Unexpected (But Not Surprising) Benefit of Tumbling Blades in Sand

I just might tumble all blades from now on, even those that I will mirror-polish manually afterward. Because after two-three days of tumbling, an interesting phenomenon appears. Something that is not surprising when you think about it, but I did not in fact expect it upfront.

© Charly, all rights reserved. Click for full size.

It is difficult to snap a picture of it, but here it is visible – the blade is all shiny except that triangular shadow at the tang. That is an area where the blade is not hardened.

In this specific case, this is OK. The tang should be soft and a soft piece of the spine, especially near the tang, also does not hurt. And because this blade will be blackened with oak extract, the visible difference in color should not be a problem.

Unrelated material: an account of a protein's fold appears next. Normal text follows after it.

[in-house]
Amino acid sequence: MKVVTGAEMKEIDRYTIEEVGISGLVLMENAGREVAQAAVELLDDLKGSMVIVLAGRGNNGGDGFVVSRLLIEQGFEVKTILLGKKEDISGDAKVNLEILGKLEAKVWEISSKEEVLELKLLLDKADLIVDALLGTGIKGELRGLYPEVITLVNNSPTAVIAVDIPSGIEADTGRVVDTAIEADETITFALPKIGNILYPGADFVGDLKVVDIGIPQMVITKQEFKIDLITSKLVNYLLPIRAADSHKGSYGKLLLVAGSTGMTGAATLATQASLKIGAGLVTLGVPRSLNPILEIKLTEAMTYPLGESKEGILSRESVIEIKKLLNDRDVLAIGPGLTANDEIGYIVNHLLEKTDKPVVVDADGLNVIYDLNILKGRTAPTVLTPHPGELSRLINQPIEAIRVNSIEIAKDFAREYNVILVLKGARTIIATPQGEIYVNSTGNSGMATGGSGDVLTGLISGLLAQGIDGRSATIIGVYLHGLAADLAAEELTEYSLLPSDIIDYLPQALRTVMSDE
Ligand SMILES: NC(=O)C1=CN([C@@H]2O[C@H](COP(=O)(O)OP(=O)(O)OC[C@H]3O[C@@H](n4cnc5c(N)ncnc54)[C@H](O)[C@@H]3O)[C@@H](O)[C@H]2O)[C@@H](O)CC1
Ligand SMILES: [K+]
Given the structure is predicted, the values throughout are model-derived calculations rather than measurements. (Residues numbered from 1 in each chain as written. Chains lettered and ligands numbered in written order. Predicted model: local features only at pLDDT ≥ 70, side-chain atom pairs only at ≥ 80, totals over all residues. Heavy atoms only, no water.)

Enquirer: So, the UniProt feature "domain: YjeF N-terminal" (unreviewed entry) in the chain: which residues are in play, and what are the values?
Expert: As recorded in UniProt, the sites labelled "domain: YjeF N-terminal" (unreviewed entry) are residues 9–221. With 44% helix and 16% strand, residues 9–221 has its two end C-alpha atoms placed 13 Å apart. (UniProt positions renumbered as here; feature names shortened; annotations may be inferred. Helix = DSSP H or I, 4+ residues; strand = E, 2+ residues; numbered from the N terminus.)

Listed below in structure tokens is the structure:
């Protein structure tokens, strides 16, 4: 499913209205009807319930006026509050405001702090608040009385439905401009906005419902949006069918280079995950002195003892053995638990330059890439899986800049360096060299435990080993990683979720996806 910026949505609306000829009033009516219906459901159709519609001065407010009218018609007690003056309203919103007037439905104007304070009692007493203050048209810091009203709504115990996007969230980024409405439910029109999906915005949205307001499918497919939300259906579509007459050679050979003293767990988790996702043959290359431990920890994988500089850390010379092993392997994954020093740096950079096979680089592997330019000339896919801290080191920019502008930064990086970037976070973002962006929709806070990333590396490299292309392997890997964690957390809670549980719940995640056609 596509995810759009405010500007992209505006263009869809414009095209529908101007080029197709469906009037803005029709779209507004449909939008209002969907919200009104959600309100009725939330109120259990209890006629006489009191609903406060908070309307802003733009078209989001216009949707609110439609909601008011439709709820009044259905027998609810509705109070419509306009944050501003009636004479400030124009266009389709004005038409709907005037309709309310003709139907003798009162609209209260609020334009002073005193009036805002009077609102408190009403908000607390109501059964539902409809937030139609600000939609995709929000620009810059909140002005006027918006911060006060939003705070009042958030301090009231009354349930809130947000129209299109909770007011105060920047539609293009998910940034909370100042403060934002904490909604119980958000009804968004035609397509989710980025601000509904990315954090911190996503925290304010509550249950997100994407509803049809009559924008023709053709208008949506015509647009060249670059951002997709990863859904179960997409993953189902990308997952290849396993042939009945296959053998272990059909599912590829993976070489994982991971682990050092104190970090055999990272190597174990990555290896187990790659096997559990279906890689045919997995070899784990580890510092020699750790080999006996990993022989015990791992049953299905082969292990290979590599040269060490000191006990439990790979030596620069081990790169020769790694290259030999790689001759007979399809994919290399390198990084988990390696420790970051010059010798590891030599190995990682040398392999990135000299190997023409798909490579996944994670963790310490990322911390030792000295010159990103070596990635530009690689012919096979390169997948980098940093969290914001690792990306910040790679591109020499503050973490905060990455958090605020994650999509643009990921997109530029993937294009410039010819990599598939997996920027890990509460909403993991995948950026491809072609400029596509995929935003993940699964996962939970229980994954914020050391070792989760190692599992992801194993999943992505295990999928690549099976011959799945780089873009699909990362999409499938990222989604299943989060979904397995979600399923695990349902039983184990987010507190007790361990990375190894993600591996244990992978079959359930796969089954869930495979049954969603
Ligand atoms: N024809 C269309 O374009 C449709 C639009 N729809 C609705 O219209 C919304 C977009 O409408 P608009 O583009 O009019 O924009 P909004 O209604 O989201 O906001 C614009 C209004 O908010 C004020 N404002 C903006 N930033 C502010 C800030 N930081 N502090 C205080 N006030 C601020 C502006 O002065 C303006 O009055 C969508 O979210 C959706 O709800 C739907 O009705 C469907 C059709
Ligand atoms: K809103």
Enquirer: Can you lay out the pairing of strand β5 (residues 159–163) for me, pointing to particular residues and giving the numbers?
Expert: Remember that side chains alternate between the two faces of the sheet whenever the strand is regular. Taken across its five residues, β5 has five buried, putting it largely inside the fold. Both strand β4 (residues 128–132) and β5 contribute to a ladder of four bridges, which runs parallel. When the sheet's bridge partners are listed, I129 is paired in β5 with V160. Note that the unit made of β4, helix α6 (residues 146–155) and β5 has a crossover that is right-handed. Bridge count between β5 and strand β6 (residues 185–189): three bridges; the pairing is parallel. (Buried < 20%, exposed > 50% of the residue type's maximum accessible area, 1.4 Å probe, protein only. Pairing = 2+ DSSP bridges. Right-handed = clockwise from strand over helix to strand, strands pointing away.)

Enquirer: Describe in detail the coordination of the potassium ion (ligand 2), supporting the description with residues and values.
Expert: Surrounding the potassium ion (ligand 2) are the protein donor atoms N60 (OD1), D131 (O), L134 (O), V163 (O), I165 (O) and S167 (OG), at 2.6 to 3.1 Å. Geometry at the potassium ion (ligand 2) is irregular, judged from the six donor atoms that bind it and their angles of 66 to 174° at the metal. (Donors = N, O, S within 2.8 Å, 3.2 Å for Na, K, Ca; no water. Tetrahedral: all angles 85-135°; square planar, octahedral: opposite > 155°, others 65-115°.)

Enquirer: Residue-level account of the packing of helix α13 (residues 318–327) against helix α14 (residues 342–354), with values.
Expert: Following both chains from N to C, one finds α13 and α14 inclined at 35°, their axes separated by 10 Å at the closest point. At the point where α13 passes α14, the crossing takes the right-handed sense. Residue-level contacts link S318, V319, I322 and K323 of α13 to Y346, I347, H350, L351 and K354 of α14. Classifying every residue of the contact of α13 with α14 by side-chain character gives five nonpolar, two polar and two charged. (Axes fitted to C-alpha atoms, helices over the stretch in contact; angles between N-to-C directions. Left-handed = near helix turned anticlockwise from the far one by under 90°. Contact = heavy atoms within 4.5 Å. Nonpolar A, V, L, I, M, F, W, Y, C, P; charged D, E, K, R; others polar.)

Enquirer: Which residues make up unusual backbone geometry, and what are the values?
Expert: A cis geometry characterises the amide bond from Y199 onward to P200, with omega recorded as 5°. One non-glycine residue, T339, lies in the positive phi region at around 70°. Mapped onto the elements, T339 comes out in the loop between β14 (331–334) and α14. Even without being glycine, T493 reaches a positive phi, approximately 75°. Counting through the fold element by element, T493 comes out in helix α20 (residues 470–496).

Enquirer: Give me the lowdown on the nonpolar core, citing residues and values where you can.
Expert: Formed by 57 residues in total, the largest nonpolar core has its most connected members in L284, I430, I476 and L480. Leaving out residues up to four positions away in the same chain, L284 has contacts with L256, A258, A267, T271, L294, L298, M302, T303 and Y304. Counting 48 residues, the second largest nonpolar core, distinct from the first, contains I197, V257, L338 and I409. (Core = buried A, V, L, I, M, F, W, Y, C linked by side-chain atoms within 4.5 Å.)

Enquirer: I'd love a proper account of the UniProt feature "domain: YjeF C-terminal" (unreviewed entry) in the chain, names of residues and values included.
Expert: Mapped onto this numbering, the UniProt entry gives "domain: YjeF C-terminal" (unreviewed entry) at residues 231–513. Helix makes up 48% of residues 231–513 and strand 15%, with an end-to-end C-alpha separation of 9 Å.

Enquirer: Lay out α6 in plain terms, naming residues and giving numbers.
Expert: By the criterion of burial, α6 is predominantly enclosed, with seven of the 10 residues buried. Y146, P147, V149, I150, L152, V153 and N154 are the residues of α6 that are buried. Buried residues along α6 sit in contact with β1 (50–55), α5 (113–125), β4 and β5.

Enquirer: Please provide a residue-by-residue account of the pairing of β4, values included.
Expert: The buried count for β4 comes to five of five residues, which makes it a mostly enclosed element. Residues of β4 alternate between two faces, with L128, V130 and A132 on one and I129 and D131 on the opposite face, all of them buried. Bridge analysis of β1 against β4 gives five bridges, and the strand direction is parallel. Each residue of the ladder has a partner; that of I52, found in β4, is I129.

However, there were two other blades, one from spring steel like this and one from N690, that had shown this discoloration in areas where soft steel definitively is not desirable – one about 2 cm at the tip and one ca 2 cm of the blade near the ricasso. Those were improperly hardened and I did not find out during the scratch test right after the quench, because most of the blade was OK.

That is quite useful and thus I really consider incorporating sand-tumbling not only as a cheap surface finish but also as cheap and easy quality control.


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